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also known as Transcatheter Aortic Valve Replacement (TAVR)
Aortic stenosis typically occurs in people over 65 years of age and involves progressive thickening and hardening of the leaflets (heart valve flaps). The aortic valve cannot open and close properly when blood is pumped from the heart to the rest of the body. The condition puts extra strain on the heart and can cause breathlessness, swollen ankles, chest pain, dizziness, or blackouts.
The TAVI procedure involves the replacement of aortic valves without surgically removing your own narrowed valve, and is for people who have many other medical problems that make surgery too risky.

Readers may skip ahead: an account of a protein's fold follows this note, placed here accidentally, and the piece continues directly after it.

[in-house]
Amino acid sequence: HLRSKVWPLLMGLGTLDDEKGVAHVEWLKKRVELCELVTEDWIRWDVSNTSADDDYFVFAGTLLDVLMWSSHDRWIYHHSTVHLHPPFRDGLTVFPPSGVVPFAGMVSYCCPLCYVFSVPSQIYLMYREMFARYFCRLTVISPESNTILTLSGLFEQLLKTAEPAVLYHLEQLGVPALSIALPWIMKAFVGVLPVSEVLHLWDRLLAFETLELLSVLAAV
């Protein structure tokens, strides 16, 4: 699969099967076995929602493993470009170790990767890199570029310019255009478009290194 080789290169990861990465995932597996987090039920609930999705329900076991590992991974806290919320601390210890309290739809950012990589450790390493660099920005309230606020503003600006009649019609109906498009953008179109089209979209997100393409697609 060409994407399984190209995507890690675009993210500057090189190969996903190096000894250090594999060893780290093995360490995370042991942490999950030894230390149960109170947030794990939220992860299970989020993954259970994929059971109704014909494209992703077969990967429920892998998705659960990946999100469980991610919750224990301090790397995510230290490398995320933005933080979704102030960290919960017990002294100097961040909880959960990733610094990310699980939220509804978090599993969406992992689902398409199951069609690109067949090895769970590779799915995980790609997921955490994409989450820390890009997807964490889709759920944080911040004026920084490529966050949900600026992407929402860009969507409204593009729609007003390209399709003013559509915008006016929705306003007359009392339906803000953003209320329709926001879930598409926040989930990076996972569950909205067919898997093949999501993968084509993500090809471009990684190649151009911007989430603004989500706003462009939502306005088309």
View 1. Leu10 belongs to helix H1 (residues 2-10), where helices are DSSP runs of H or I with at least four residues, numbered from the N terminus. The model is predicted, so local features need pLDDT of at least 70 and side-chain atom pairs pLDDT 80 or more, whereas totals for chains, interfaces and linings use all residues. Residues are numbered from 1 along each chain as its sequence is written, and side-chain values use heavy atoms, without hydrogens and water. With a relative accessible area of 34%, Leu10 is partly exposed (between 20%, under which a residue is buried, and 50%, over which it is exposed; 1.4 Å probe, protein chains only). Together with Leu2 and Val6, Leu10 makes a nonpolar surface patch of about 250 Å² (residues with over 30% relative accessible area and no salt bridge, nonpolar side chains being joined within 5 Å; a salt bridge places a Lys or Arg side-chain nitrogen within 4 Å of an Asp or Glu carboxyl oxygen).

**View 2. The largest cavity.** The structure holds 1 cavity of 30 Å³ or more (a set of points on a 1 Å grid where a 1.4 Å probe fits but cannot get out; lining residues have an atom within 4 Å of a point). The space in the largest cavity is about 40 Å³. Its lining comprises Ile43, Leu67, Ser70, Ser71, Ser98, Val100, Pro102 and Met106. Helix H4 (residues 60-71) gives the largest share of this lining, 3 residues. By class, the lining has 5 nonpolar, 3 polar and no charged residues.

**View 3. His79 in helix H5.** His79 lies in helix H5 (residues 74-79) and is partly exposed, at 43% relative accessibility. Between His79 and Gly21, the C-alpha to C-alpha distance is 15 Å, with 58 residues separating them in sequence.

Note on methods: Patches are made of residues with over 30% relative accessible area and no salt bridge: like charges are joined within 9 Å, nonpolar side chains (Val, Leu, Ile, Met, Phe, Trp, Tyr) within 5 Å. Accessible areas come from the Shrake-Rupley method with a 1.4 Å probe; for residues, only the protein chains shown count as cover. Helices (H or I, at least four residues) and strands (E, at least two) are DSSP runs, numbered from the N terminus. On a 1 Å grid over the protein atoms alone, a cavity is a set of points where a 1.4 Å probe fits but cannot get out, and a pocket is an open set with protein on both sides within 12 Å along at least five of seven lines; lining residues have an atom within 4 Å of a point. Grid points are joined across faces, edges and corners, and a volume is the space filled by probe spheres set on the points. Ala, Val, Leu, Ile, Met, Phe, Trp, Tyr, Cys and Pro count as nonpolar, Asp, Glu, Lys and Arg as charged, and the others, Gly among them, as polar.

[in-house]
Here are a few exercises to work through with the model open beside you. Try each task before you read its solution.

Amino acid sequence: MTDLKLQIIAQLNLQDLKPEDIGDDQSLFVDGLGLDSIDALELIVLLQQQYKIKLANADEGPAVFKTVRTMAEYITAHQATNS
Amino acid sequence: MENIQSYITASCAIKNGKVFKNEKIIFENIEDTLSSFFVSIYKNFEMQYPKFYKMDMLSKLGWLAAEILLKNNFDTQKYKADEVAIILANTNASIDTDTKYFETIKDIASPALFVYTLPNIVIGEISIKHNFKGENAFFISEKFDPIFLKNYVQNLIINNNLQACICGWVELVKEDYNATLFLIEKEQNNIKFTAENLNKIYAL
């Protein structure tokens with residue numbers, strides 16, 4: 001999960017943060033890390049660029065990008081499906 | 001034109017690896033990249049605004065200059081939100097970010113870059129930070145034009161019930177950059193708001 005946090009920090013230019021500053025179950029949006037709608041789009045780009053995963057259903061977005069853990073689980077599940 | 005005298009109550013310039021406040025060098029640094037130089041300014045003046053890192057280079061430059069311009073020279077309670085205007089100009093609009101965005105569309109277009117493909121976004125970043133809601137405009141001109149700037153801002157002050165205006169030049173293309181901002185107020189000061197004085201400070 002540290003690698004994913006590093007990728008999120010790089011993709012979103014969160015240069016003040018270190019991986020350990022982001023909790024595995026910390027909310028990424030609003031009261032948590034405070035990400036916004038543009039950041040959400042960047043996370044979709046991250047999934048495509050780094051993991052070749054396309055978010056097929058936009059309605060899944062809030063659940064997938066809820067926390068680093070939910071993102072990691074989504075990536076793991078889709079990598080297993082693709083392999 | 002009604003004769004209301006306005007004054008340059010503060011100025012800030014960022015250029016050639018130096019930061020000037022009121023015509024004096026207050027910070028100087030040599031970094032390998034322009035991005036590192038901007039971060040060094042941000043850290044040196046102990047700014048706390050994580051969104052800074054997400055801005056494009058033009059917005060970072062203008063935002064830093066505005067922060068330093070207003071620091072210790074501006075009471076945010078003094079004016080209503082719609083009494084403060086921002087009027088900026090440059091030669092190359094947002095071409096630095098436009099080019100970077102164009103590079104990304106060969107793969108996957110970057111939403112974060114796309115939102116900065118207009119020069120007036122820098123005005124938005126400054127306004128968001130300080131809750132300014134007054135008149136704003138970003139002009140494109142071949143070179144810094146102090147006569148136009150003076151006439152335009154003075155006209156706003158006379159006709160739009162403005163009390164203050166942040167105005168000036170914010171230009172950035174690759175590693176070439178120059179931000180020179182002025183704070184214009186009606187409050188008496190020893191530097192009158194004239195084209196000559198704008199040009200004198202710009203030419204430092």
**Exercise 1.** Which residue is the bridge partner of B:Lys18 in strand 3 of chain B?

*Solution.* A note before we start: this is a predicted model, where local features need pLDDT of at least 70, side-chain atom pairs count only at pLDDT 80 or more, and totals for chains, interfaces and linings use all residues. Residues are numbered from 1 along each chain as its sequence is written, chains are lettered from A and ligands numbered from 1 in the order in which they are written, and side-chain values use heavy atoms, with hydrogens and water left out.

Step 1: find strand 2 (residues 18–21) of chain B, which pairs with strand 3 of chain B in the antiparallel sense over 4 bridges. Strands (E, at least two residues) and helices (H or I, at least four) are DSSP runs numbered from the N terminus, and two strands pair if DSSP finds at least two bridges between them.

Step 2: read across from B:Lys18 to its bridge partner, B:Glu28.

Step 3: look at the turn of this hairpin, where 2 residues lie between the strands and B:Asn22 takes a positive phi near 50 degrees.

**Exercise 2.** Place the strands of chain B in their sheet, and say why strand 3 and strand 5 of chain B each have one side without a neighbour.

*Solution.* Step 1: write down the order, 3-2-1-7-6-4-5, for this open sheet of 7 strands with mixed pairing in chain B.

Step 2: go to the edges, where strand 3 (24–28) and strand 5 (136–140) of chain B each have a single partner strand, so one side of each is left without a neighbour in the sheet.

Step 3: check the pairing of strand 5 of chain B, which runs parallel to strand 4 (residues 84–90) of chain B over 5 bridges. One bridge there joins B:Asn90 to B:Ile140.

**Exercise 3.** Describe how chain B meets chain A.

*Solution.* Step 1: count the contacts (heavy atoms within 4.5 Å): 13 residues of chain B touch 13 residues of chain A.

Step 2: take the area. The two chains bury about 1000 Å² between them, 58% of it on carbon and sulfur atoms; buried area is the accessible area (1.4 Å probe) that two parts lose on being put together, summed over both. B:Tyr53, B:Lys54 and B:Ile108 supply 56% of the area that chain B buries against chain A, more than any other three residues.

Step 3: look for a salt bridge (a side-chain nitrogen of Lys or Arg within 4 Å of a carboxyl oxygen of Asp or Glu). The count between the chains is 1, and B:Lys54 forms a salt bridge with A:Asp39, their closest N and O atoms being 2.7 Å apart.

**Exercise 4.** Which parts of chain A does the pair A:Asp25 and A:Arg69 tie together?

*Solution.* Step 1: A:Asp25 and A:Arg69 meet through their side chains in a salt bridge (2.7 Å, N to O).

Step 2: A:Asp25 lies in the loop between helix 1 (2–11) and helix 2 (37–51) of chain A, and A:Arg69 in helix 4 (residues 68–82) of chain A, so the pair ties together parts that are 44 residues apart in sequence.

It involves implanting a valve via a catheter (thin tube) into a large blood vessel (the femoral artery) in the groin or through a small incision in the chest. To implant it into the heart, the catheter is guided to the aortic valve opening where it is implanted over the existing valve. A transoesophageal echo probe (like a small camera) is passed through your mouth and positioned in your oesophagus (gullet). This enables the exact positioning of the new aortic valve. Once the new valve is implanted, the catheter is removed. The new valve starts working right away.
Most patients stay in hospital for 4-6 days after the valve insertion.